Reflection on the French Presidential Election: “Change” the graveyard of incumbents

I have been meaning to comment on the French presidential elections for some time. I missed my chance during the first round realized on 22 April 2012 so will seize the opportunity before the second round which will happen on this Sunday, 6 May. The  first round was high drama and pitted the incumbent President Nicolas Sarkozy against the Socialist candidate Francois Hollande, National Front candidate Marine Le Pen and seven other challengers.  With no one candidate winning a majority, the election was pushed to a run-off between the top two vote getters: Sarkozy and Hollande.

For the most part, Hollande looks to have a clear advantage, leading Sarkoszy by a comfortable 5 to 9 point margin depending on the public opinion polls (see link Ipsos polling) . So what might explain Hollande’s probable victory over Sarkozy on election-day this weekend?

The arguments vary as to why Sarkozy’s demise is imminent. Some make the point that he is abrasive and lacks a common touch; others argue that his right-leaning economic policies have undermined his credibility with a largely left-leaning electorate.  Still others make the case that the economic crisis in Europe is a no man’s land for any office holder seeking reelection.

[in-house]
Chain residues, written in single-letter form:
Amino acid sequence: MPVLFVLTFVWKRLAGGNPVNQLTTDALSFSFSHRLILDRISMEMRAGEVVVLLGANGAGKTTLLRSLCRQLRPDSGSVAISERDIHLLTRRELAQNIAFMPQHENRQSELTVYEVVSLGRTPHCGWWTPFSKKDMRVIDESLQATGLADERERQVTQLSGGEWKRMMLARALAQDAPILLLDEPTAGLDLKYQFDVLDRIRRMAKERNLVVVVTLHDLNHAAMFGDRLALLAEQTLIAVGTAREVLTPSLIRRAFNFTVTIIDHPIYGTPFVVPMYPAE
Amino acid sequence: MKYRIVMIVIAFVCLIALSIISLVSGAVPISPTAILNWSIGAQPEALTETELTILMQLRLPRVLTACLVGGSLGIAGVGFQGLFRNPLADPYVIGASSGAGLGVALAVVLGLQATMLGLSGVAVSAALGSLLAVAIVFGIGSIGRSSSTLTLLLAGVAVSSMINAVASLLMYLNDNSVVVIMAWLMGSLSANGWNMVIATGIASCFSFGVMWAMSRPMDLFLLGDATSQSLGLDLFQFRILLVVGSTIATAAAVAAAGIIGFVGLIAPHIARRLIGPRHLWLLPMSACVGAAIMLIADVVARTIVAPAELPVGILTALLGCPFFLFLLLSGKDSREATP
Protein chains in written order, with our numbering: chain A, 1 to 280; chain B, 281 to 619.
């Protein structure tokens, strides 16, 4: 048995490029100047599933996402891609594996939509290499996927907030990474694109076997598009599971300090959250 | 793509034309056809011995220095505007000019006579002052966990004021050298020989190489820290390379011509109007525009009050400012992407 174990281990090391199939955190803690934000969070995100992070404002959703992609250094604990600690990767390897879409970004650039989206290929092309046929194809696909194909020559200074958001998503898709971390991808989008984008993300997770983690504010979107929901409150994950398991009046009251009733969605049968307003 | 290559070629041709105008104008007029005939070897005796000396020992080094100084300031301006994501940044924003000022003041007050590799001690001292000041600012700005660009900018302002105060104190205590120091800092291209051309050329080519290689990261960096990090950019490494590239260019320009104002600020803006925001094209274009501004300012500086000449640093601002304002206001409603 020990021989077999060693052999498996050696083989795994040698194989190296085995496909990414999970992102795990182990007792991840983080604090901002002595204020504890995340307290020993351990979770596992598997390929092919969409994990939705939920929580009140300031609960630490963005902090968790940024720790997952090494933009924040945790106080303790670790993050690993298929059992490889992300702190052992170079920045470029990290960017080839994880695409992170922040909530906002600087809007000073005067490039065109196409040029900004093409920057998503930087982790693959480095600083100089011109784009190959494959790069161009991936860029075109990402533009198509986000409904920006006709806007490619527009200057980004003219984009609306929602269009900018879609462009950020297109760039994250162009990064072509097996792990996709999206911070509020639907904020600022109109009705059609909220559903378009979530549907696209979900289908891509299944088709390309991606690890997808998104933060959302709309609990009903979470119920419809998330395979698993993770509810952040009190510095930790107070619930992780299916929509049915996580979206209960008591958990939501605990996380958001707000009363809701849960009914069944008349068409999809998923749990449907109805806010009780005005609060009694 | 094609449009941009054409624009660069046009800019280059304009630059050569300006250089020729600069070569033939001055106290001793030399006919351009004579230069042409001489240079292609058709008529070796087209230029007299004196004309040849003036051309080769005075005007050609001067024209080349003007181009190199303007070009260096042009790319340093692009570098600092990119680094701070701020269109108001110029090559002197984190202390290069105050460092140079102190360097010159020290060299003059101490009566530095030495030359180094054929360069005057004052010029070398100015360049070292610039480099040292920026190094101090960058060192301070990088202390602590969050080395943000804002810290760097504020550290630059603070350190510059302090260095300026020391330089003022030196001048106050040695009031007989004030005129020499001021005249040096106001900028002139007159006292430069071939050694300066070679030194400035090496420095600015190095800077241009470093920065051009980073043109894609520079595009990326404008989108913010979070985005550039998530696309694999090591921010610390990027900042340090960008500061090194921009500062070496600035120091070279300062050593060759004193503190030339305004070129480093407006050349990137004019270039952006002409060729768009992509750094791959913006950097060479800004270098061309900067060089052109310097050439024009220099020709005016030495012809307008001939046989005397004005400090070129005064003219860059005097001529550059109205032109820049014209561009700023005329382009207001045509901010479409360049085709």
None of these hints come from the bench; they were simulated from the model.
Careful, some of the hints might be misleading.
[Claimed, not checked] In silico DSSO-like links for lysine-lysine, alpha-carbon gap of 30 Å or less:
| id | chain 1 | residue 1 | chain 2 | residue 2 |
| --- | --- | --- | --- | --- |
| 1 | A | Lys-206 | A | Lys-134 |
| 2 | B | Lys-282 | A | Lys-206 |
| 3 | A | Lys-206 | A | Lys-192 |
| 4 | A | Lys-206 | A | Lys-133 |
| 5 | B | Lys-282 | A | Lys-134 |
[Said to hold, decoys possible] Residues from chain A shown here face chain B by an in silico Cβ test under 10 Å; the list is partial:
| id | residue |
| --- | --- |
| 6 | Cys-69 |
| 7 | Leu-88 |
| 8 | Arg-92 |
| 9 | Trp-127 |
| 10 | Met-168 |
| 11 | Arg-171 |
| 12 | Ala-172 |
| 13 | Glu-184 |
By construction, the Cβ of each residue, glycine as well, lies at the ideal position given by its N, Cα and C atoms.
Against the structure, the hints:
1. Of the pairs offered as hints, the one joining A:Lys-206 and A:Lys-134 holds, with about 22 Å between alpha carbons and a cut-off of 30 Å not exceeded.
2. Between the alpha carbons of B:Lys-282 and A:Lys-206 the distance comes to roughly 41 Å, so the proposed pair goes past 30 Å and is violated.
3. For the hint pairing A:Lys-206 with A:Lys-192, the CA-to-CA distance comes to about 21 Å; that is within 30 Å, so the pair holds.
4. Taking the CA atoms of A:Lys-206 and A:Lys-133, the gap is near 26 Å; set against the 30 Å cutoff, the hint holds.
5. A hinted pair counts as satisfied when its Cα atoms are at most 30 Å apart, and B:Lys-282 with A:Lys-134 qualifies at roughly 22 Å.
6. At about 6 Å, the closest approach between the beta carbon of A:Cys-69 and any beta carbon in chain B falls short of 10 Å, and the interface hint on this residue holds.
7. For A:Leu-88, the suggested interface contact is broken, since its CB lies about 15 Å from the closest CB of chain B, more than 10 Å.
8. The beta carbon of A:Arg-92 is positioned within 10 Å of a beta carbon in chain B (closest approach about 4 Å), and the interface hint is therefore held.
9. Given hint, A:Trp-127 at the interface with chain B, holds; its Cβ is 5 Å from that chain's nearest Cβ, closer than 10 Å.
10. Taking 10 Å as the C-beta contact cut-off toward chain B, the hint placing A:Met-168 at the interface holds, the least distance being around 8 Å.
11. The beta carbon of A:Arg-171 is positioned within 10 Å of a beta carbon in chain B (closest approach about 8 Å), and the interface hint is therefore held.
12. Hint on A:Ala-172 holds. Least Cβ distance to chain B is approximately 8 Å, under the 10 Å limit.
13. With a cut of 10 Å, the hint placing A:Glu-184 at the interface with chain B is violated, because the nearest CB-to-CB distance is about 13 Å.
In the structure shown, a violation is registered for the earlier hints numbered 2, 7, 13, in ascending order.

I fall much more into the last camp that attributes the Holland victory to a dismal economic scenario.  From an analytical perspective, the 2012 French presidential elections can be classified as a fairly strong “change election” by our electoral model (link).  We forecast Sarkozy’s chances of winning at 36%.

It is worth reiterating that change elections favor the opposition because voters are pessimistic about the future and want to “throw the bums out”.  Relative optimism (or pessimism) is a function of many factors including economic conditions. When the economy is revving along, voters are apt to go with the government candidate. When the economy is in the toilet voters take their anger out on the government by voting for opposition candidates.  Today, France — like the rest of Europe — is swimming in a sea of economic-induced sorrows (see graph below). Voters want change and change is the graveyard of incumbents.

Source: Ipsos Global @visor